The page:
Fourthly, Cricket Australia has now provided the ECB with details of the proposed tour arrangements with the ECB. These will be shared with the players prior to Oct. 4, when they will be asked to clarify their availability. This is an action that was not even conducted in relation to the cancelled tour to Pakistan, according to the Team England Player Partnership that represents centrally contracted players. Already, one experienced player has declared his retirement from Test cricket, ahead of the deadline day.

Other younger or single players have signalled positive attitudes towards involvement. Both boards want the tour to proceed. Depending on the conditions offered by the Australians for quarantine and biosecurity and any yet unforeseen factors, the probability is that the tour will go ahead, but that England may be without some of its most experienced players. Involvement in a series against Australia is the pinnacle of cricket for most players and, for some, this may be their final chance and, for others, their first or only opportunity.

No doubt they will be hoping that the conditions will be different from those experienced by the Indian women’s party, which recently went through two weeks of lockdown in a Brisbane hotel, along with the Australian squad, all of whom were restricted to their rooms and were unable to meet or train.

The enthusiasm shown by the ECB for the tour is in stark contrast to that shown by them for the tour to Pakistan. This has generated much criticism from respected commentators and former players. In particular, the act is seen as a slap in the face of the Pakistanis who, unselfishly, toured England in mid-July, prior to the lifting of many of the pandemic-induced social restrictions, to play three T20 and ODI matches.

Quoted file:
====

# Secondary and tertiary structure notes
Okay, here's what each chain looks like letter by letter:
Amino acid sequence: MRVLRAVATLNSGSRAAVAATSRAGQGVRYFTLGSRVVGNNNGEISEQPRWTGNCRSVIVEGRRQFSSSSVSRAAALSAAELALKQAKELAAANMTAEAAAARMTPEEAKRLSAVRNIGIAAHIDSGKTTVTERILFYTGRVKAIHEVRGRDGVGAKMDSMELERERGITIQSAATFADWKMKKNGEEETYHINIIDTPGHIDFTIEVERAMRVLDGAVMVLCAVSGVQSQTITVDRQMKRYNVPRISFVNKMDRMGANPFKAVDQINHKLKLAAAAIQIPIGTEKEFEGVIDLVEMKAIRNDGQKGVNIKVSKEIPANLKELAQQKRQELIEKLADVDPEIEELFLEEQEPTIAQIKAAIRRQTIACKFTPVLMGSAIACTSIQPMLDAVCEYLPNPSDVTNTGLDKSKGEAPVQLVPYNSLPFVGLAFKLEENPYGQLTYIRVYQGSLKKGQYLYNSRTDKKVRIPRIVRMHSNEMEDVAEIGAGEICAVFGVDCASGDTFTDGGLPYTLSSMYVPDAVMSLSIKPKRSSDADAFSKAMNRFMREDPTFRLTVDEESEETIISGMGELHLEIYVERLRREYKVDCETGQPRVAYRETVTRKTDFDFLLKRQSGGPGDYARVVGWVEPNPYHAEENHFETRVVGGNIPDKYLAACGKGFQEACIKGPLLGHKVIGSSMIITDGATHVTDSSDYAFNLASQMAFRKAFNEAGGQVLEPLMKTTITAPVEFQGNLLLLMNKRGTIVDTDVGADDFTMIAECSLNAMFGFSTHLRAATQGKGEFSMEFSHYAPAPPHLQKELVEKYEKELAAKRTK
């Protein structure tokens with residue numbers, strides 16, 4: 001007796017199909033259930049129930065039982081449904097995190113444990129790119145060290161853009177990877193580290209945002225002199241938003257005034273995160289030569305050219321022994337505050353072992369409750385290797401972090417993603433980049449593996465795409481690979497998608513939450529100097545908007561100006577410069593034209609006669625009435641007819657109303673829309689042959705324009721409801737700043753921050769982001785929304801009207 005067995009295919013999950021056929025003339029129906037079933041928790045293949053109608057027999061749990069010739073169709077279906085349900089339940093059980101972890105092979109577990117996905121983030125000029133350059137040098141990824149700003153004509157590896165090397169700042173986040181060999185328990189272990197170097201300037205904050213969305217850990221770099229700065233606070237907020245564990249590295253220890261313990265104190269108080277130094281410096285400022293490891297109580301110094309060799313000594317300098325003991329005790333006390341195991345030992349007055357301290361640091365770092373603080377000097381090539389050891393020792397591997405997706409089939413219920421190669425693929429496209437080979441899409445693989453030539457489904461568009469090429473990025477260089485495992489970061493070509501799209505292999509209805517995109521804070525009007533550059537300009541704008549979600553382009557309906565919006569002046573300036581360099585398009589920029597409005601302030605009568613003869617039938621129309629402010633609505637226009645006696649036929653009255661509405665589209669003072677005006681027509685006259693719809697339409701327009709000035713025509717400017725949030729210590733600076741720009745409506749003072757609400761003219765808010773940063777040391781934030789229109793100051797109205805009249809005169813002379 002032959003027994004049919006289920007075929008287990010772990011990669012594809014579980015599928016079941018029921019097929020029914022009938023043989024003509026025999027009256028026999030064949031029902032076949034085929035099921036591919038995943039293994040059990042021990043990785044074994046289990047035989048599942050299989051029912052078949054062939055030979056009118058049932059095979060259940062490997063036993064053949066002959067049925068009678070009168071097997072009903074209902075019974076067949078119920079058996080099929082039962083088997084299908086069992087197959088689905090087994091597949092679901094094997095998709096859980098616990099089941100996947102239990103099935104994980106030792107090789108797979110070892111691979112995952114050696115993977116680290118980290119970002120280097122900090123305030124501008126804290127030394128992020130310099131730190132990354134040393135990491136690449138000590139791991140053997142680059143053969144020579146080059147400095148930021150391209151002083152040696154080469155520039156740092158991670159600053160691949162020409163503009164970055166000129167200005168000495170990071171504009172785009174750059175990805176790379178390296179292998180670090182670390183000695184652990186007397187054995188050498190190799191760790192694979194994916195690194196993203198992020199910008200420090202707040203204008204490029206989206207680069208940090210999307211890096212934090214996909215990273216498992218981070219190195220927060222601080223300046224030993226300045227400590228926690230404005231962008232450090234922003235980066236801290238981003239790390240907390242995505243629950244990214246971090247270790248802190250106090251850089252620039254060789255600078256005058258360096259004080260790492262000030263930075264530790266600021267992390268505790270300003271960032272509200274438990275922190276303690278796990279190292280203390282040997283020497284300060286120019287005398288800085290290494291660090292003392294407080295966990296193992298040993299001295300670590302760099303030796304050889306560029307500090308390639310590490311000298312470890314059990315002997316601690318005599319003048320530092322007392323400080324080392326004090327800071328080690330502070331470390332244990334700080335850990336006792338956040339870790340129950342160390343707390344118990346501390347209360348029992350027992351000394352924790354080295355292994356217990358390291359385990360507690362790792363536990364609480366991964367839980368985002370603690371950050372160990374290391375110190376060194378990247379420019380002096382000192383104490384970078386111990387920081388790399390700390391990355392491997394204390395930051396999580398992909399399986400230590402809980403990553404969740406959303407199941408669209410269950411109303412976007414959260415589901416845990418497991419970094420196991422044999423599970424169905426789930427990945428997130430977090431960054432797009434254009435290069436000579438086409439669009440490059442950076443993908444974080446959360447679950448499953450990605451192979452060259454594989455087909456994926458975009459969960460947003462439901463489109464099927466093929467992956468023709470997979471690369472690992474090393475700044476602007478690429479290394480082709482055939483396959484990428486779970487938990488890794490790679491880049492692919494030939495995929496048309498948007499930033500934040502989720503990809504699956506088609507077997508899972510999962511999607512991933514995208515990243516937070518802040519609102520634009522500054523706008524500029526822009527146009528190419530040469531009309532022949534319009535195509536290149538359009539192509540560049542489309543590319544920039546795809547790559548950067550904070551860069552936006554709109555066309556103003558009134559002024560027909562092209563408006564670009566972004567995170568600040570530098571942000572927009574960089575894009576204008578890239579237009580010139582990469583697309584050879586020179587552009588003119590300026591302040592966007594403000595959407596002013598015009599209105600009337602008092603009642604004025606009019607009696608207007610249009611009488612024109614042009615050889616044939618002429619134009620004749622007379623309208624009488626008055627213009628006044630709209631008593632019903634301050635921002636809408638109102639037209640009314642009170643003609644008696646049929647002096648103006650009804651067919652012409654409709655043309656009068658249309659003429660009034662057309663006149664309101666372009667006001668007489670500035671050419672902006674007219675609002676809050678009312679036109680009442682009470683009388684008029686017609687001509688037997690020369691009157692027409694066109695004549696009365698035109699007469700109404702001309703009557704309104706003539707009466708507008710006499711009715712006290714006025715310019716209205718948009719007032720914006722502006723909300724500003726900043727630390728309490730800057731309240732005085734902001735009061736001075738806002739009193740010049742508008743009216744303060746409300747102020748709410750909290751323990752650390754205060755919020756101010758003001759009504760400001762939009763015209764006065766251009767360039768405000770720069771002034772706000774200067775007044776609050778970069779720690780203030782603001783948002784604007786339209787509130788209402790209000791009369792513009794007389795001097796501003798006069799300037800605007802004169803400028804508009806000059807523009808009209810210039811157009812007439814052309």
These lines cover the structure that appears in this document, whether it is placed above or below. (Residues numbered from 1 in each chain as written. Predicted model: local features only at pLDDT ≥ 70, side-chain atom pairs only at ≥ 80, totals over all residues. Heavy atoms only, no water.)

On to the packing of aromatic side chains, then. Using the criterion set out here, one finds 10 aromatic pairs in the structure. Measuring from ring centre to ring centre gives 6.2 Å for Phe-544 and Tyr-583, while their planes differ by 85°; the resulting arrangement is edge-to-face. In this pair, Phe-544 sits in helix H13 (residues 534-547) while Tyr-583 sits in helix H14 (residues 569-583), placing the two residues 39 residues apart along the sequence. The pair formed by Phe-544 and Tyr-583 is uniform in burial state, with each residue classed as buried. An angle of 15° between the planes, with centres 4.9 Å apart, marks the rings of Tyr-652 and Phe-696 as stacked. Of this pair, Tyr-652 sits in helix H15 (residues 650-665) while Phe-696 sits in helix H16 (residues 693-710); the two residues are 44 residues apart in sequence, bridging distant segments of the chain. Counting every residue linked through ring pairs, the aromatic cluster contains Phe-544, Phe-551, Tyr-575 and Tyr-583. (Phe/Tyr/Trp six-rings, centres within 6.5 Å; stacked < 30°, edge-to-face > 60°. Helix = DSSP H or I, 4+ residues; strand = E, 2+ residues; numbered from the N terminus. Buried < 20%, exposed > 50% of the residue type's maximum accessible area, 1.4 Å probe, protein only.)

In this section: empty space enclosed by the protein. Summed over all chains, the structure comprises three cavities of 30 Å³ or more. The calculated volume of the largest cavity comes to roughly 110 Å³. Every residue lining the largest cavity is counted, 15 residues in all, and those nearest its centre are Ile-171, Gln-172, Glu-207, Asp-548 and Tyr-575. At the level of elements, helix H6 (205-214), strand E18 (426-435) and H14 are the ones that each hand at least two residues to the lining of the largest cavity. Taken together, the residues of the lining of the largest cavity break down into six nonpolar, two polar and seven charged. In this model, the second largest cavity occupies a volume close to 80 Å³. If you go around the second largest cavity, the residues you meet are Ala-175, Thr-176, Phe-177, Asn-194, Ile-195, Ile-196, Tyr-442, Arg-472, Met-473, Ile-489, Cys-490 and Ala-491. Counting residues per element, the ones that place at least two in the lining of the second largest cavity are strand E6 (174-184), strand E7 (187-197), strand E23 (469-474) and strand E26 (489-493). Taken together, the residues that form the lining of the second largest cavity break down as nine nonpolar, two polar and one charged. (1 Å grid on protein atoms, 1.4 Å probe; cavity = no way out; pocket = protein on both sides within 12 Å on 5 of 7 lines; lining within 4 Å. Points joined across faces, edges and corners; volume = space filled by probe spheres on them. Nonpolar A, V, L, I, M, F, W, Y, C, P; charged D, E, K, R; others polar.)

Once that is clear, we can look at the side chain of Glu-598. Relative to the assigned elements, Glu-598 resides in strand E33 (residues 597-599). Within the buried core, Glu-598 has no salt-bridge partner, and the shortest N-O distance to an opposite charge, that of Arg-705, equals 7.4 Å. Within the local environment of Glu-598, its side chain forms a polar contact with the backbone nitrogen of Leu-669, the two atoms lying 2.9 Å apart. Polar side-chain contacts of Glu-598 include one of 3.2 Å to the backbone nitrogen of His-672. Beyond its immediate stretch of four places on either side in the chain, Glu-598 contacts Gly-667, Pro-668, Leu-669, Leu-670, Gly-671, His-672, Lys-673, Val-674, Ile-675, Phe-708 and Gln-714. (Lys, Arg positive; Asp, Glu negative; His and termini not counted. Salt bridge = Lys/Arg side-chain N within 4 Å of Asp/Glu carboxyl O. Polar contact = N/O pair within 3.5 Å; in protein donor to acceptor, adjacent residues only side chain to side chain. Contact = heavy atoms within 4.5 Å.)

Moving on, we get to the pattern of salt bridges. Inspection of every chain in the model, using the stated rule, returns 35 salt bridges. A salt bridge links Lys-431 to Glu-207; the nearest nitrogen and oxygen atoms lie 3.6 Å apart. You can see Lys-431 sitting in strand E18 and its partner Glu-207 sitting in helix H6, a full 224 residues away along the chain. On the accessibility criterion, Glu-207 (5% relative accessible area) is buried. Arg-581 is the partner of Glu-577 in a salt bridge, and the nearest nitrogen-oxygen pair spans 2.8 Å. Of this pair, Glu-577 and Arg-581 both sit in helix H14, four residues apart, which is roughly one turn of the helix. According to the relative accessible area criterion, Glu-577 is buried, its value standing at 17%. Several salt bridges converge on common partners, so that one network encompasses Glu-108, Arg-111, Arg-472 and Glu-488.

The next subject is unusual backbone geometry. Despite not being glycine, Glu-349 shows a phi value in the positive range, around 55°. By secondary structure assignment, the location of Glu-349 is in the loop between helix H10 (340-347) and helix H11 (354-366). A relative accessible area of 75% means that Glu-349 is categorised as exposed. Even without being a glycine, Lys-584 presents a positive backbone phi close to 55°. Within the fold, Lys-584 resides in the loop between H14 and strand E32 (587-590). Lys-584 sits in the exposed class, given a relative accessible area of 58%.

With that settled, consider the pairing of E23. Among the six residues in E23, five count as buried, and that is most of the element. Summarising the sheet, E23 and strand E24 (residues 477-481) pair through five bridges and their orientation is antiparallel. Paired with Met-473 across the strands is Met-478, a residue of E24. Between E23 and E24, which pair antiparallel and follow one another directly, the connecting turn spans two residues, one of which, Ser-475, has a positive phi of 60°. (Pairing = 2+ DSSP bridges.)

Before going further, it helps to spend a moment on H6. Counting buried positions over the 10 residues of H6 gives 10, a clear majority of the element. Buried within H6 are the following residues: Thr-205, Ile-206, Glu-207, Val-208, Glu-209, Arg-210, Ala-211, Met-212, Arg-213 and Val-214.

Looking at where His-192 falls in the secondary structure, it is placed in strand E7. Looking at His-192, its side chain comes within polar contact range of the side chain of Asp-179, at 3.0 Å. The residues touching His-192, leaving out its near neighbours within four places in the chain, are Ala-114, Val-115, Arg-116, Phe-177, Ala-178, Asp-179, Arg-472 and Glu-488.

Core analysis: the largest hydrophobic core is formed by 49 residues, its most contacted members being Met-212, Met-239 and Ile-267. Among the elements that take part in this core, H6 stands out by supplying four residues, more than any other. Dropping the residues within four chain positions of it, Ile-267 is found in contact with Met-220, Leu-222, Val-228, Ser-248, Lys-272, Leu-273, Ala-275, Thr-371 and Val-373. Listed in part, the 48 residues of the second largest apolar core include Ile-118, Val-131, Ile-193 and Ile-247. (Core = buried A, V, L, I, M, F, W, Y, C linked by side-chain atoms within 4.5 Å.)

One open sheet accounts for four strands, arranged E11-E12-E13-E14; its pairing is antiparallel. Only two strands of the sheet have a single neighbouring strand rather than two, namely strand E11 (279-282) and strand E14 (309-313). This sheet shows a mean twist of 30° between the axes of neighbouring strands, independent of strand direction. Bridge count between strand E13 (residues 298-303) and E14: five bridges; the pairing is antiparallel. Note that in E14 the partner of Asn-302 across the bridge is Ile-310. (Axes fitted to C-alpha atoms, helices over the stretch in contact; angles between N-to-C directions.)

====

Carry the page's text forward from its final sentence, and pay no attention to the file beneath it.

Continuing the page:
It has also generated feelings of a schism between the “Big Three” — India, Australia and England — and the other nine International Cricket Council Full Members, in that the three will prioritize a series between them within the context of a frantic international schedule that has been ravaged by the pandemic and political disturbances.

If these feelings are to be quashed then those holding the power in the game will need to show that they can marry appropriate responsibility to that power. This means acting for the benefit of all participating countries and players and not just for those who are able to enjoy the financial and commercial returns provided in the highest income-generating tournaments. On recent evidence, the omens for reducing this inequality are not good.

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Michael Vaughan ‘sorry’ for Azeem Rafiq hurt in cricket racism case

Outrageous 5-5 draw between Damac and Al-Fateh shows star quality extends beyond Saudi Pro League’s elite Al-Hilal defeated Pohang Steelers 2-0 on Tuesday to win the AFC Champions League. It was a record fourth title for the Riyadh club and a feather in the cap of Saudi Arabian football, which is going through something of…

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Michael Vaughan ‘sorry’ for Azeem Rafiq hurt in cricket racism case

Outrageous 5-5 draw between Damac and Al-Fateh shows star quality extends beyond Saudi Pro League’s elite

Al-Hilal defeated Pohang Steelers 2-0 on Tuesday to win the AFC Champions League. It was a record fourth title for the Riyadh club and a feather in the cap of Saudi Arabian football, which is going through something of a purple patch at the moment in both club and international football. It was a comfortable win without the drama of some past continental finals.

Only a day later, however, two Saudi teams played to a match that left those who saw it rubbing their eyes in disbelief?

Alex Ferguson was famously exasperated after Manchester United scored twice in the dying moments of the 1999 UEFA Champions League final to come from behind to defeat Barcelona 2-1. He stunned the reporters with his direct quip.